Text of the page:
Moreover, the Jewish state is widely recognized as an entrenched reality, even by its Arab and Muslim rivals. It has built a mighty military machine that can parry all regional threats, and the IDF remains the most capable military in the region with the motivation, equipment, and training to overmatch the conventional capabilities of any regional challenger. Israel has managed to contain terrorist activities and has built an effective shield against missiles.
....Inbar concluded that “While peace is desirable, it is not a necessary condition for survival.”
Lustick’s dire prognosis also depends on misinformation. Israel’s version of two states, he insists, envisions “huge Jewish settlements, crisscrossed by Jewish-only access roads.” But this is utter nonsense. The West Bank is not currently crisscrossed by Jewish-only roads, and no credible Israeli proponent of a two-state solution calls for creating such roads, either in Israel or in a future Palestinian state. Lustick has seemingly dug up the old canard that describes roads on which Israeli Jews, Muslims and Christians can freely travel, but to which Palestinians have restricted access, as being Jewish only. Major media organizations that have made that mistake have subsequently published corrections.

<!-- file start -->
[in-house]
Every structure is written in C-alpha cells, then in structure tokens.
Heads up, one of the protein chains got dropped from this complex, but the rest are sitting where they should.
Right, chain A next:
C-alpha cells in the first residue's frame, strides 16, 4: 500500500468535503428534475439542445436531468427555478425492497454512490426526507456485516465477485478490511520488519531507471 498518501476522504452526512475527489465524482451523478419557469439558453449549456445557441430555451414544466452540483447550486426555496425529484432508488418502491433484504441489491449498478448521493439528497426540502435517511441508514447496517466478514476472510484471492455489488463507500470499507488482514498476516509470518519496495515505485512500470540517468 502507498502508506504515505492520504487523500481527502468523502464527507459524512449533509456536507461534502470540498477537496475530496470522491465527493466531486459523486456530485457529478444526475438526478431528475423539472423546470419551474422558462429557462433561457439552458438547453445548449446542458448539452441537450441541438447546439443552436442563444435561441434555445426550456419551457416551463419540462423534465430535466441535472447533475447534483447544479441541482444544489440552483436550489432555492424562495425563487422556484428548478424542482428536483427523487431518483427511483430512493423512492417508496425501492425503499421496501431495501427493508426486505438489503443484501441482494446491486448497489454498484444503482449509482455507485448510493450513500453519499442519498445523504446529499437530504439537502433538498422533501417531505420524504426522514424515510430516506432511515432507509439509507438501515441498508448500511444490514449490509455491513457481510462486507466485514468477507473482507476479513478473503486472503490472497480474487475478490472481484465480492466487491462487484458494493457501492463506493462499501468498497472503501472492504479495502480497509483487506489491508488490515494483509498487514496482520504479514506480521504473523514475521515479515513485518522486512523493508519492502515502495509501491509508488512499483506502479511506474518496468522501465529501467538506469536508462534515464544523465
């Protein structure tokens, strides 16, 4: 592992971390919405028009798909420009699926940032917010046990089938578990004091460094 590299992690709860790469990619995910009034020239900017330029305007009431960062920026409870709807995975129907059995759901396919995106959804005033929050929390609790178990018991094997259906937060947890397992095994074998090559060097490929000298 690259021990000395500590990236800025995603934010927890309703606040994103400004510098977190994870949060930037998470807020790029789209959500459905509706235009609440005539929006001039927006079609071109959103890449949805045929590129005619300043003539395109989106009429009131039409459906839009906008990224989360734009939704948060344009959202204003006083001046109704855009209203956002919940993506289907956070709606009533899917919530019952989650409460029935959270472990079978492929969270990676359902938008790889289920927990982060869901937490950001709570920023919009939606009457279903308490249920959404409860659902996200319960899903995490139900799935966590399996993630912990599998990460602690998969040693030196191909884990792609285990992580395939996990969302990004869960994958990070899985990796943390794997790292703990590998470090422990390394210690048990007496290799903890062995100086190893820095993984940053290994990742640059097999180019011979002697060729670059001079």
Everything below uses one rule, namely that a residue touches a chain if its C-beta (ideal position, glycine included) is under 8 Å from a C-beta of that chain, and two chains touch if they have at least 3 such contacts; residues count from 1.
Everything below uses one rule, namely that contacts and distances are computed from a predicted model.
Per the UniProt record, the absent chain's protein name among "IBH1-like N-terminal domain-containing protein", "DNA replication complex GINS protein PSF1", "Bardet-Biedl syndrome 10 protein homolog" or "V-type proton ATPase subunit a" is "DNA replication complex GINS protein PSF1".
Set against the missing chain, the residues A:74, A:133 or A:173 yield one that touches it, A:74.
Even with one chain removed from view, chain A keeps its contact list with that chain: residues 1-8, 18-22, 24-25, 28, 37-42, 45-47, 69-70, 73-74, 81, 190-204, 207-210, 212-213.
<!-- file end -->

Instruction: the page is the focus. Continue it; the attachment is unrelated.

But again, the key problem isn’t Lustick’s ridiculous argumentation or his dangerous vision, both of which he is entitled to, and both of which he has shared before. The real issue is with The New York Times decision-making. As Shmuel Rosner correctlypointed out, the foolish idea that the disenfranchisement of the Jewish people is up for debate is “based solely on the fact that a widely read and respectable publication has decided to print it.” It is an extremist concept that the newspaper is trying to push into the mainstream.
Times opinion editors will surely protest that they publish diverse views, and that they don’t necessarily agree with what is published. To some extent this is true. But this boilerplate defense does not justify the publication of anything and everything. No op-eds have made the case that the slaying of children at Sandy Hook Elementary School was actually a “false-flag” conspiracy. None have promoted female genital mutilation. None have revived the outrageous debate about the right to freedom for blacks in America. And none should revive the old debate about the right of the Jewish people to determine their own destiny in their ancestral homeland.
In other words — at least when it comes to issues that don’t involve the world’s one, small Jewish-majority country — free speech is not conflated with desirable speech. Arguments in The New York Timesnormally fall within the bounds of good taste and basic decency, and this guideline must be applied to the conversation about Israel, too.